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George Franklin

George Franklin is the author of a new full-length collection, Noise of the World (Sheila-Na-Gig Editions), Traveling for No Good Reason (winner of the Sheila-Na-Gig Editions competition in 2018), a dual-language collection, Among the Ruins / Entre las ruinas (Katakana Editores), and a chapbook, Travels of the Angel of Sorrow (Blue Cedar Press). He practices law in Miami and is the co-translator, along with the author, of Ximena Gómez’s Último día/Last Day (Katakana Editores).

Buy Noise of the World


In The Bad Old Days

In the bad old days, Russian poets
Memorized each other’s manuscripts
So there’d be nothing to confiscate
Or burn. In Truffaut’s film, Fahrenheit
451, the camera, more
Elegant than Bradbury’s prose, tracks
His Book People crisscrossing on
Forest paths, reciting to themselves,
Repeating the books they’d become and
Would pass on. I regret I know so
Few poems by heart—some Donne and Blake,
Browning, Edward Lear, Auden and Frost—
Mostly poems Brodsky required us
To write from memory, sitting around
That cluttered seminar table in
An overheated room. I recall
Shivering on the Amtrak platform
In a wet wind, drilling “Afterwards”
Into my brain, one line at a time,
Listening to Hardy speculate
About his own death, stepping back to
Let the express train go by. Poems
Give shape to memory, then become
Memories themselves, preserved in gray
Tissue, neurons joining synapses,
Express trains headed north along the
Hudson River, Hardy’s pattern of
Anapests and iambs repeated
On my dull American tongue—the
Camera pans to Julie Christie
And Oskar Werner as they, without
Realizing, pass each other in
The woods, remembering, reciting.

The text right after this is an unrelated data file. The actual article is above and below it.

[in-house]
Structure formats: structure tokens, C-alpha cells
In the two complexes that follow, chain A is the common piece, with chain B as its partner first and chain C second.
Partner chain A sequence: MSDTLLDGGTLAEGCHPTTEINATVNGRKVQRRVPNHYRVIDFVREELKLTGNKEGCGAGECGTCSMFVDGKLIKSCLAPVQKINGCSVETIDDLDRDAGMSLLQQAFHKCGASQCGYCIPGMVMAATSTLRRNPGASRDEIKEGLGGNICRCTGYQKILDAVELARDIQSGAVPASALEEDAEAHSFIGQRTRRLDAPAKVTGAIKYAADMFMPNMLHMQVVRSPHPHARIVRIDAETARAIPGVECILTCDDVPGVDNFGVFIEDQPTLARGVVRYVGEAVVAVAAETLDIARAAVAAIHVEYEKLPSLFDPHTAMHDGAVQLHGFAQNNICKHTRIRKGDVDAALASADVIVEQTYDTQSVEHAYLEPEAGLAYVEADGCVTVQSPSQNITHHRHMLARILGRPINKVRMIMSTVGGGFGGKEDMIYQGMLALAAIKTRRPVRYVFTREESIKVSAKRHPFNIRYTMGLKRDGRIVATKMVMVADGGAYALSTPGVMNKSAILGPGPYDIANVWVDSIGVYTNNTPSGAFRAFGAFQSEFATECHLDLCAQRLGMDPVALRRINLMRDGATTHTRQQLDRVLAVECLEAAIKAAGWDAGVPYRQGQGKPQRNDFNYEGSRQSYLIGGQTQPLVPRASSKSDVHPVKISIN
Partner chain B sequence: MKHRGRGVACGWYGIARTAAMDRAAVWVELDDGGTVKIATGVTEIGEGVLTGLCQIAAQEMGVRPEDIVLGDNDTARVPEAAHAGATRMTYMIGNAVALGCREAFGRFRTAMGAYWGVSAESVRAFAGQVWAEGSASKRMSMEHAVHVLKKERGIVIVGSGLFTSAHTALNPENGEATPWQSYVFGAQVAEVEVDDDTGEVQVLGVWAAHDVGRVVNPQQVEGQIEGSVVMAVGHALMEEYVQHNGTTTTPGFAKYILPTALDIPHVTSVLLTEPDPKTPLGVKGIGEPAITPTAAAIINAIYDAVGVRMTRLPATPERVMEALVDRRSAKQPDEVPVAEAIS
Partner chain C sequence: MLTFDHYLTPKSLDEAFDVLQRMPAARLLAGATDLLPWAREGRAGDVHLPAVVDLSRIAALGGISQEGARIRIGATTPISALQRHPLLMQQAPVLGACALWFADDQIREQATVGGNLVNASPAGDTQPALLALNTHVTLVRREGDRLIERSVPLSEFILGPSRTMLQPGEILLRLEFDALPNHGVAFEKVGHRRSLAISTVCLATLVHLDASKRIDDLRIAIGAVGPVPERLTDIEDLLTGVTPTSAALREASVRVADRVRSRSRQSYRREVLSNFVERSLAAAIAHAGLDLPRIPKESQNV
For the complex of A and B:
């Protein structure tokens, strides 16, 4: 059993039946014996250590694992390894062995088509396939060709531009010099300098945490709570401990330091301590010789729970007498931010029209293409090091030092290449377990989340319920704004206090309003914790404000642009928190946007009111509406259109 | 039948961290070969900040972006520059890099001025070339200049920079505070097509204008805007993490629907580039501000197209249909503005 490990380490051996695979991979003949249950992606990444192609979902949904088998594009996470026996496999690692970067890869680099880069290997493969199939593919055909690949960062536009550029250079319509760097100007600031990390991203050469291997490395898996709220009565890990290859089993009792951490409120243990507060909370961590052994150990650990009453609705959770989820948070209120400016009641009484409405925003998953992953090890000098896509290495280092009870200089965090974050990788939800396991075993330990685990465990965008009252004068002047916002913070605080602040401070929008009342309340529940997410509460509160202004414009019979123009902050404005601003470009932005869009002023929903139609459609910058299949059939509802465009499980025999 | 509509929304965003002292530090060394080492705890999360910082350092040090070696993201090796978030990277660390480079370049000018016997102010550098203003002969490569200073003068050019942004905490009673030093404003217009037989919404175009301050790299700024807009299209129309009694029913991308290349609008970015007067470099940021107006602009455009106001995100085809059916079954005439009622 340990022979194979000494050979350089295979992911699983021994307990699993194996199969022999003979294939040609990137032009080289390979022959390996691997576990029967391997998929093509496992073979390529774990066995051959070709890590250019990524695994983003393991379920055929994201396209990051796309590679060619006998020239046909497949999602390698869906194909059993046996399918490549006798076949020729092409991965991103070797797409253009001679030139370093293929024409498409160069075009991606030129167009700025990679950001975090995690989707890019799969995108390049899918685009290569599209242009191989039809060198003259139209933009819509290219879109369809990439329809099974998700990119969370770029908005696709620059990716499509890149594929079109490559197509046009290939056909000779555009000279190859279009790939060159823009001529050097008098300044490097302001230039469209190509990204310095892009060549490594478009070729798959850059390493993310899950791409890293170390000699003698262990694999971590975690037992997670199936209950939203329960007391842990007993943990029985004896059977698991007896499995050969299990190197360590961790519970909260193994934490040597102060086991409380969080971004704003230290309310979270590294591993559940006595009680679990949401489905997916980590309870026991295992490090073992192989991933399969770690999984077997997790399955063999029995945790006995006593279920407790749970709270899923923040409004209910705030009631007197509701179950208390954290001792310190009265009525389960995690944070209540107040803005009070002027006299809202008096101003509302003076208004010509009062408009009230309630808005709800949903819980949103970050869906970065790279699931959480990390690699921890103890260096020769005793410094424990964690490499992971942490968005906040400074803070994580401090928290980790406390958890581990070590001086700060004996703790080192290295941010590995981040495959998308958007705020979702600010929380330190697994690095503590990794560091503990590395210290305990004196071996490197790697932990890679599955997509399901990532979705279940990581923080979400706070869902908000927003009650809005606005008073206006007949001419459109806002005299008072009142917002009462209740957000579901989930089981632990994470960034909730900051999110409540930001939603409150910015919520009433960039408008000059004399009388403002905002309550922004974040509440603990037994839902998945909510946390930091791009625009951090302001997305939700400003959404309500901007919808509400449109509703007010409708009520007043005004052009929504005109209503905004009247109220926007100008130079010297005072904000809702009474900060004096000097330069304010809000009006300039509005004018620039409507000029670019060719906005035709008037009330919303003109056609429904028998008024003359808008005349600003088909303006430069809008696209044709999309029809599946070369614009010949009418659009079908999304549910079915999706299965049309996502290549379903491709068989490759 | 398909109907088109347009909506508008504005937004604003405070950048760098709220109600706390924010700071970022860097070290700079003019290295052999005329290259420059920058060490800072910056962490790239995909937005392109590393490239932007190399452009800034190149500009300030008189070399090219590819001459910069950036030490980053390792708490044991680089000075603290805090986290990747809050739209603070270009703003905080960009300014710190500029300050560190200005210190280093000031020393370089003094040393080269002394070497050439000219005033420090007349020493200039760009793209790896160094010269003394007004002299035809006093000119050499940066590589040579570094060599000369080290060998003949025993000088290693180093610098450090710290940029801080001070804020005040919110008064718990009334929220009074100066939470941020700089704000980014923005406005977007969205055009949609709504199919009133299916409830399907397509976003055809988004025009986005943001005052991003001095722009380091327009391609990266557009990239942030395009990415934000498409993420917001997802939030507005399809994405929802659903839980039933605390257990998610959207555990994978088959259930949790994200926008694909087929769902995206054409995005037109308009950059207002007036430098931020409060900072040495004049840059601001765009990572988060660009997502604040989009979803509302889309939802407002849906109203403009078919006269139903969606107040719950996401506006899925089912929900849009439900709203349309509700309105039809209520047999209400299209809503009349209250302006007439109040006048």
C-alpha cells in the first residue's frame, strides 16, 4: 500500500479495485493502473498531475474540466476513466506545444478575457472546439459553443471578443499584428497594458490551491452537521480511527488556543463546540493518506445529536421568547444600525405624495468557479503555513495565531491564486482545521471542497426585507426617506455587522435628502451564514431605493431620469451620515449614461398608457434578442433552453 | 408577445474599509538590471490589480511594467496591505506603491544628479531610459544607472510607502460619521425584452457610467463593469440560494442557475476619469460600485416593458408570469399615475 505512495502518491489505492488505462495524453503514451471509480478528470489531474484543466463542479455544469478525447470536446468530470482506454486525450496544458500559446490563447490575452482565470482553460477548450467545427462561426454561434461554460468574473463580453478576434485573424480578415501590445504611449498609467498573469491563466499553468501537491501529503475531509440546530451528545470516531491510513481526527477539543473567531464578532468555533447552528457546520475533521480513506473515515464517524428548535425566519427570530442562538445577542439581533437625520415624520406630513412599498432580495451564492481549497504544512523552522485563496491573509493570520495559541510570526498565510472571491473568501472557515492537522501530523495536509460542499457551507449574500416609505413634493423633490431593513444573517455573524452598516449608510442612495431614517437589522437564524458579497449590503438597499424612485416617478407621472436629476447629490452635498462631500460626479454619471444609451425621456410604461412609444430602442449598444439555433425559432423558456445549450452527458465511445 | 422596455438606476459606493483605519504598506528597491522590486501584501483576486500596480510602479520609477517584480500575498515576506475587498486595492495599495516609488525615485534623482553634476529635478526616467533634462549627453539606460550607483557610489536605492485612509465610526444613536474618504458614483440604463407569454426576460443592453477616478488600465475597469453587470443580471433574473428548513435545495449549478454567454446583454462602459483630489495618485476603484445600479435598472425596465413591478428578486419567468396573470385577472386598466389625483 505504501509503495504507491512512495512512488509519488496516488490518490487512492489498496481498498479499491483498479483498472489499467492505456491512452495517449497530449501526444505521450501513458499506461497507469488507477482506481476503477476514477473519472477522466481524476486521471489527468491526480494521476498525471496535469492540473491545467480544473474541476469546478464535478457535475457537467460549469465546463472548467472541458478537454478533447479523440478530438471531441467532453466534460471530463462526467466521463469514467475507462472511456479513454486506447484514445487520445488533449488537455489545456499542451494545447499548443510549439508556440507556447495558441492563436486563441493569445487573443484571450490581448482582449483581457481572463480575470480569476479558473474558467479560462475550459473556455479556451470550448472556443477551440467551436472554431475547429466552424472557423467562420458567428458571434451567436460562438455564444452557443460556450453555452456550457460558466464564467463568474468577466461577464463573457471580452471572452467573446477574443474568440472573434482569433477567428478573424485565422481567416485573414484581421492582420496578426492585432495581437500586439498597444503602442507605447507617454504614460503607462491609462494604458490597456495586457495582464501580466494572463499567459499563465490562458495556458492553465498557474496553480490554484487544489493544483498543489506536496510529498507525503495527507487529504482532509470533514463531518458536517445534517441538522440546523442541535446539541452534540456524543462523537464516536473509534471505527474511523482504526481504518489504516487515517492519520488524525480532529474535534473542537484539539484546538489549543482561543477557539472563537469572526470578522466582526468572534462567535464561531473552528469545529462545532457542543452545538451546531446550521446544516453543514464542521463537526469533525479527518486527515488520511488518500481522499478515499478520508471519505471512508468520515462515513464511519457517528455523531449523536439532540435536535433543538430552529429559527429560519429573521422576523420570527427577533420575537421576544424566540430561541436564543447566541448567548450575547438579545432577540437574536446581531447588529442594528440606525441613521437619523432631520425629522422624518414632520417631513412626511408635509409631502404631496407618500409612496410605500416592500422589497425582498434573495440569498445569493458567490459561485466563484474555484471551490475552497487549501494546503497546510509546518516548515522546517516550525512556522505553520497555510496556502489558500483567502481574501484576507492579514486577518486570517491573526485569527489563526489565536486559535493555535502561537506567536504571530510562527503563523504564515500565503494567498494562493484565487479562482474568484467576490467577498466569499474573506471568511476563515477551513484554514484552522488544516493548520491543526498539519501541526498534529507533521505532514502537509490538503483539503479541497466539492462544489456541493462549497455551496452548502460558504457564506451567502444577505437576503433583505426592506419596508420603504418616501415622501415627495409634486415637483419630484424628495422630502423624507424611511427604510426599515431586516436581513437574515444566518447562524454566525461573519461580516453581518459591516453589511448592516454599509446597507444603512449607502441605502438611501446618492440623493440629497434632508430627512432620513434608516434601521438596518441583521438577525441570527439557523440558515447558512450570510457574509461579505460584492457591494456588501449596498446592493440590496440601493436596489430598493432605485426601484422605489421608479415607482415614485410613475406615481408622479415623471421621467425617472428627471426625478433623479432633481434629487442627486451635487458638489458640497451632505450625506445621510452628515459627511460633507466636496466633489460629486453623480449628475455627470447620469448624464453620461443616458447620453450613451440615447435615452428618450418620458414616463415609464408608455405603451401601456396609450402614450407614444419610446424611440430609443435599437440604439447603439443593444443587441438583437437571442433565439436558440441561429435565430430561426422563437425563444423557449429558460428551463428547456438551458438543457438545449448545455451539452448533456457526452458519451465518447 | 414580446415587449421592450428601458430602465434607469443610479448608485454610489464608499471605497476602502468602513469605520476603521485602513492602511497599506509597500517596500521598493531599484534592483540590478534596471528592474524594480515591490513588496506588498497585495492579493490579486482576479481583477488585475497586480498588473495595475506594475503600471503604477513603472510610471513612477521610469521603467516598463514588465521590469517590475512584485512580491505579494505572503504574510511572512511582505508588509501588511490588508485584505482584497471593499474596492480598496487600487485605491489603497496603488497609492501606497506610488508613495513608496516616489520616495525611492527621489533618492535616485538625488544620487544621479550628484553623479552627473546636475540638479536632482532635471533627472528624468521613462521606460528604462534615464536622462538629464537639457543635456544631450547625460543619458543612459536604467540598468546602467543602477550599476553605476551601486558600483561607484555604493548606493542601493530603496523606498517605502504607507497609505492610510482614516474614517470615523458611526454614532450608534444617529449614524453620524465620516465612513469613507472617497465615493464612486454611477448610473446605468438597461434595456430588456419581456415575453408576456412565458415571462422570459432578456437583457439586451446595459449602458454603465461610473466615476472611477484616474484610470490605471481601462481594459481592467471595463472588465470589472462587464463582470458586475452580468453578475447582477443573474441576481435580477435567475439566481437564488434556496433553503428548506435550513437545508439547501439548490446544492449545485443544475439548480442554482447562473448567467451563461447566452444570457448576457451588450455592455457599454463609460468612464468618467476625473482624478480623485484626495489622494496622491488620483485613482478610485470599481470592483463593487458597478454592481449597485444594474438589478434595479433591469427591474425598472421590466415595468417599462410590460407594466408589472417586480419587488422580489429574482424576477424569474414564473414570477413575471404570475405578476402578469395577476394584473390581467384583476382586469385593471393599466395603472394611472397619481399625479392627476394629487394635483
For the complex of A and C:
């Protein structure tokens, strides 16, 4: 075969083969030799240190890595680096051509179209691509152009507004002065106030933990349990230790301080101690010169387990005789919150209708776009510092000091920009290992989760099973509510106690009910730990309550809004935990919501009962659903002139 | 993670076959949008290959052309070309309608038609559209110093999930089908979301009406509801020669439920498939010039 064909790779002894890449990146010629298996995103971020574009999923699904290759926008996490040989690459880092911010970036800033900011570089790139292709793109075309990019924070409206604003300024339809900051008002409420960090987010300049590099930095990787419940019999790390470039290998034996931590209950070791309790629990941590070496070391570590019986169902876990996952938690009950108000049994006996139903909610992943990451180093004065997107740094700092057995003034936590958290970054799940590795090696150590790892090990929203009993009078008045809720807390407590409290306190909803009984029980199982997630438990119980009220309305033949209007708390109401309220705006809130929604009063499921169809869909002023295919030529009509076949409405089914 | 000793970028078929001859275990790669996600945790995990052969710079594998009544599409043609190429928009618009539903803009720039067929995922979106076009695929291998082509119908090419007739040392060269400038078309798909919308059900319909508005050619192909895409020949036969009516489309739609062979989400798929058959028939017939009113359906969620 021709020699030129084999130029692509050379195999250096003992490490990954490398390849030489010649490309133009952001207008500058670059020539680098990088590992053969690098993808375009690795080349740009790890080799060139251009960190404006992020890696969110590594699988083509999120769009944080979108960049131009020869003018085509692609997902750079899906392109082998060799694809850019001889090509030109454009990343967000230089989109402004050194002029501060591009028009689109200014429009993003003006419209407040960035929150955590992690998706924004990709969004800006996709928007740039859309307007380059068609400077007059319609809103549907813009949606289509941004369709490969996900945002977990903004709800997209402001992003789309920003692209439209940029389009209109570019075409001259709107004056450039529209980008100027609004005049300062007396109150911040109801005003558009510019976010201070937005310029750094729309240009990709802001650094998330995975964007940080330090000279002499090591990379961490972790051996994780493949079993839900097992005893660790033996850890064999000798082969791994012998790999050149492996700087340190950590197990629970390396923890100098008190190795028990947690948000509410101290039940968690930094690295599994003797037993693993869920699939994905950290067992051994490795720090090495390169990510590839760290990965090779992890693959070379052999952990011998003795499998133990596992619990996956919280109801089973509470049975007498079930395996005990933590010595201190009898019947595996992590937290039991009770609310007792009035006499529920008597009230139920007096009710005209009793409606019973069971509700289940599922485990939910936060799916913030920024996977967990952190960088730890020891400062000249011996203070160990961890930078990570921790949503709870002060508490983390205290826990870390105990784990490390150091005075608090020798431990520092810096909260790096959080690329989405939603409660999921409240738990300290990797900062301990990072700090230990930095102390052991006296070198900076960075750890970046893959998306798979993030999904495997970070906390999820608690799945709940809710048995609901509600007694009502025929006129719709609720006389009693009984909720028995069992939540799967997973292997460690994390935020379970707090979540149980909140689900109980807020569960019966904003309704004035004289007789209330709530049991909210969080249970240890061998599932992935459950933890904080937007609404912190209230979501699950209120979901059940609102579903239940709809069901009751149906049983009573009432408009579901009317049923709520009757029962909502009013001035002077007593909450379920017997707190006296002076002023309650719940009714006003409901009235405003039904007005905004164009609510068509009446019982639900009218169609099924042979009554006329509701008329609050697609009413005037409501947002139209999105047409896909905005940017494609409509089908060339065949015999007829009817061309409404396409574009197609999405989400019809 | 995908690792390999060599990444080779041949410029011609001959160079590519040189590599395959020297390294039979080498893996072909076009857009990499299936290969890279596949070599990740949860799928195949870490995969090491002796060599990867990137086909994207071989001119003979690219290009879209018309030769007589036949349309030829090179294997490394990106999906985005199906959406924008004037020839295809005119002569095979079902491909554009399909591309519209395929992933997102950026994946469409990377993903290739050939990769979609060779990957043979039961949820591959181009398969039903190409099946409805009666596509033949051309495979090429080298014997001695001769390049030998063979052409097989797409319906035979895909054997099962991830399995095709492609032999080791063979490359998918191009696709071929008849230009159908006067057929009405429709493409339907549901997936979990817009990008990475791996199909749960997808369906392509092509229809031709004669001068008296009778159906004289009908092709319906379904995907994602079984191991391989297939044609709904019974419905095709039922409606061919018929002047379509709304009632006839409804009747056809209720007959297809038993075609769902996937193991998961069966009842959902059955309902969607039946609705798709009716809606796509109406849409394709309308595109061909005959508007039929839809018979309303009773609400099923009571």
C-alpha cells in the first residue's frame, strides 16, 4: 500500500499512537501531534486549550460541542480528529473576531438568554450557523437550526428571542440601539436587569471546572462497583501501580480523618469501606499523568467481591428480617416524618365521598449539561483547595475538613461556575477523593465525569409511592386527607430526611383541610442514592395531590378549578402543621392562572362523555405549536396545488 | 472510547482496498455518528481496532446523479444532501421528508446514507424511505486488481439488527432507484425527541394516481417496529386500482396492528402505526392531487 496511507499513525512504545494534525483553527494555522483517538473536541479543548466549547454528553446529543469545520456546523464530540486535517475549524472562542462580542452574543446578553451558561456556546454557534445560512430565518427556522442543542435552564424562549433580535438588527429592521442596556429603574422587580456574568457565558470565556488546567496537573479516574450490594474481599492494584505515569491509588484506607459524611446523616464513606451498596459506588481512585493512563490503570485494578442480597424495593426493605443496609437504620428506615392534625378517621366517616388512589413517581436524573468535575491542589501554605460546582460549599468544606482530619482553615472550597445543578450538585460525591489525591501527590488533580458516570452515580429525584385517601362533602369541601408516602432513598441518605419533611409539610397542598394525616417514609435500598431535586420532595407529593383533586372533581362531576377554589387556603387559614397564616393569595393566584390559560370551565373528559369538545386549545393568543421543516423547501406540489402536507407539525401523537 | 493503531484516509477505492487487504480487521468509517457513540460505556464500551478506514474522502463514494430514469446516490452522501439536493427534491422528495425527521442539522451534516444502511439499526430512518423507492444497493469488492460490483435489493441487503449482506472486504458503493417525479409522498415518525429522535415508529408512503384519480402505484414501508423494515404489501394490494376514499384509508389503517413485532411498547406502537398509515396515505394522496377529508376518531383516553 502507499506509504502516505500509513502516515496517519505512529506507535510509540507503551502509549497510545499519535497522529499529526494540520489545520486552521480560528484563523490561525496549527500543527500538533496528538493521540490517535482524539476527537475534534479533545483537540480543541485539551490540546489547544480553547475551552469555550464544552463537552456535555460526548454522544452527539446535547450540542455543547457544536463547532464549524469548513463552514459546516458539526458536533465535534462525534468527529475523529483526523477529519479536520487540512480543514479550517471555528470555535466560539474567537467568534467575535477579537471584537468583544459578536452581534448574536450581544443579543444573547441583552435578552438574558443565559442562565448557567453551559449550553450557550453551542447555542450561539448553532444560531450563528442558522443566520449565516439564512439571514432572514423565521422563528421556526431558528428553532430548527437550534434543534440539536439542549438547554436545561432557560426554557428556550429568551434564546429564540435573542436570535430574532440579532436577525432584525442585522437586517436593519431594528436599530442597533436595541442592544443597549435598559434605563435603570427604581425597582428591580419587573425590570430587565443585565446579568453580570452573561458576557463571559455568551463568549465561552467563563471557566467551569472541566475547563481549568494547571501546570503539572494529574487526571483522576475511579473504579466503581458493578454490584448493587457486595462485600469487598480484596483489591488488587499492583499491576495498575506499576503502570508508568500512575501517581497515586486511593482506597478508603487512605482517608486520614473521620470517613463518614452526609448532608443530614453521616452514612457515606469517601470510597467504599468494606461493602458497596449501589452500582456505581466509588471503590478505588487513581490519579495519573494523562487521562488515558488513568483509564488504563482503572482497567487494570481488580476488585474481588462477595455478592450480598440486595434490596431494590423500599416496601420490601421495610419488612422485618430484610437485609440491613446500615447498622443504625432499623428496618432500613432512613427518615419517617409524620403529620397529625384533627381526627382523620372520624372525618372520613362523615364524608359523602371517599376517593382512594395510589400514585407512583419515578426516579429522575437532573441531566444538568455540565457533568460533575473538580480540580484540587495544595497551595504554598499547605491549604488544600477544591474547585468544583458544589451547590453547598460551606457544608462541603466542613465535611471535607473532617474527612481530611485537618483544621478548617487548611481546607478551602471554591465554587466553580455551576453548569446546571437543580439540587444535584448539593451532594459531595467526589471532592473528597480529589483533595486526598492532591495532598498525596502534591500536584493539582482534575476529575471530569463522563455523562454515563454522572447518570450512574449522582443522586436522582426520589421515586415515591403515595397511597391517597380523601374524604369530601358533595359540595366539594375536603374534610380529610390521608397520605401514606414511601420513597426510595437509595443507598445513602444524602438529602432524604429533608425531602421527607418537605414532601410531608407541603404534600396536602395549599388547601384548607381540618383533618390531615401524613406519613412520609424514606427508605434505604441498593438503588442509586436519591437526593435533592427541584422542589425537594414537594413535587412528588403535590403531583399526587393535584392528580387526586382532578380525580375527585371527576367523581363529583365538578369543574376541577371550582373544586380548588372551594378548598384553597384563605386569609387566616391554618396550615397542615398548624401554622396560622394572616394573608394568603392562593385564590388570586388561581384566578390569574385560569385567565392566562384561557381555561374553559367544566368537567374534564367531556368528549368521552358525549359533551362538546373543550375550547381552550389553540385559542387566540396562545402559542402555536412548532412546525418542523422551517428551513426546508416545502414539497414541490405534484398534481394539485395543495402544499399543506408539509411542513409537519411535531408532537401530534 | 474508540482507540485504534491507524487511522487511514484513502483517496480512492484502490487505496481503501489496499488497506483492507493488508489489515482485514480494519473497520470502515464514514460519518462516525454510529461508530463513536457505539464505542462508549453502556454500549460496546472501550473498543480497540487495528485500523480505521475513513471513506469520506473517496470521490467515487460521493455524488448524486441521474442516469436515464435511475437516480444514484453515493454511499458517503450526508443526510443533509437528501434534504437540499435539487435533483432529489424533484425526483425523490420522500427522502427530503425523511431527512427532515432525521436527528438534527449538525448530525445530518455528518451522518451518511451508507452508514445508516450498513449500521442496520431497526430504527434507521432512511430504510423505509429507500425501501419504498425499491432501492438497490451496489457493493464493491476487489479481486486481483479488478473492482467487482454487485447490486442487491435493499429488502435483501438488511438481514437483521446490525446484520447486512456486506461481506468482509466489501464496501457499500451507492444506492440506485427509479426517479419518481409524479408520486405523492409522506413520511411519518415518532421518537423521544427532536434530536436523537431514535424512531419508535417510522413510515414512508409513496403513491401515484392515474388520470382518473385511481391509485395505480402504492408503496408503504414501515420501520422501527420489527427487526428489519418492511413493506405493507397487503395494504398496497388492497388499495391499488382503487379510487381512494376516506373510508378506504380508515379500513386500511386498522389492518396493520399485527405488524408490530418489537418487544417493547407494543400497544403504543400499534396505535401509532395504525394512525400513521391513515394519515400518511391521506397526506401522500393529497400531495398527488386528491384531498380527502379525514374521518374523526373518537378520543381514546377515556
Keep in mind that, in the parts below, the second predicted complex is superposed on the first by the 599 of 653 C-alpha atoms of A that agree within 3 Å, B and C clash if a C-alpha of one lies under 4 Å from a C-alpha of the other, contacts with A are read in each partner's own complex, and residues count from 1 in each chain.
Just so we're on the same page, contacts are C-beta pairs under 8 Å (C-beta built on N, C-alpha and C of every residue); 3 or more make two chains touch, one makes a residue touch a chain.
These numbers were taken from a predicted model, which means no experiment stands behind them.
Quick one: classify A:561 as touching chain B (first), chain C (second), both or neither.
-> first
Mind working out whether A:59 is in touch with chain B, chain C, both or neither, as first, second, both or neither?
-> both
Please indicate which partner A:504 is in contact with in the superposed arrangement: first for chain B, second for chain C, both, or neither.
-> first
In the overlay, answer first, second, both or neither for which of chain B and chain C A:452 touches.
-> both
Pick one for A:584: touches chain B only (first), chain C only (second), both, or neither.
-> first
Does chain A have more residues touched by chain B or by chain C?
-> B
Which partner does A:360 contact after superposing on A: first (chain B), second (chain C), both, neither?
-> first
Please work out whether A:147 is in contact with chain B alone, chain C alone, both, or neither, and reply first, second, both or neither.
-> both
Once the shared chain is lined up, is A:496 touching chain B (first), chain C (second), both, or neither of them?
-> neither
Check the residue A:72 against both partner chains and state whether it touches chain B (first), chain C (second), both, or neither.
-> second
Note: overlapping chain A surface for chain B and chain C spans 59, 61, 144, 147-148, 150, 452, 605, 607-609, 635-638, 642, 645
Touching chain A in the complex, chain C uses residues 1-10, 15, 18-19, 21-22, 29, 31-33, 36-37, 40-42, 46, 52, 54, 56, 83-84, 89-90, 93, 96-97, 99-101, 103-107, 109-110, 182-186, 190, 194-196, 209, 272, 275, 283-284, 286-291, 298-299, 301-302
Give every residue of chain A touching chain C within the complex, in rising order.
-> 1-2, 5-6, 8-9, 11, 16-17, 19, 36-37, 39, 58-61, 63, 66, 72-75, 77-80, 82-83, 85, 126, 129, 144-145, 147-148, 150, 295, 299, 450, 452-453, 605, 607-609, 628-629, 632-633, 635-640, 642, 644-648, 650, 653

Writing About Your Country

For Ximena Gómez

In the next room, you are writing about your country,
About a man who wouldn’t leave his farm and was killed
By paramilitaries, about hillsides thick with trees,
Green moss covering a stone, a boulder. It makes me
Think of our friend Federico, who practices medicine
In a small town in the Andes. I hunted for it on the map,
And it was hard to find. The pictures on Google showed
A white church and narrow streets, nearby mountains,
Clouds that seemed close. In the next room,
You are close also, closer than clouds hovering
Above a valley or the sound of motorcycles fading
Into something that’s almost silence. I can hear a piano,
Passages of Chopin, a disc you’re playing on an old
Laptop as you work, a few dates and almonds in a bowl
Within reach, as close as the asylum narratives you
Translated, refugees who applied for visas during
The bad years, years that haven’t stopped, applicants
Threatened by gangs, by paramilitaries, guerillas—so many
Stories you had to find words for in cold, precise English,
Voices you transposed from Colombia or Venezuela,
Reminding you of relatives in Cali or when you
Taught workshops in Buenaventura, voices to cut
Through the dull gaze of immigration officials,
Their eagerness to finish work, to go play golf or tennis
On the weekend. In the next room, I can hear you
Whispering lines of a poem, the same way I do,
The same way we all do when we write, listening
To ourselves, to our own voices, trying to decipher
The words that will break through our own dull gaze.
In the next room, you are writing about your country,
Which is both far away and close to you. From where
I’m sitting, I can hear you whisper.


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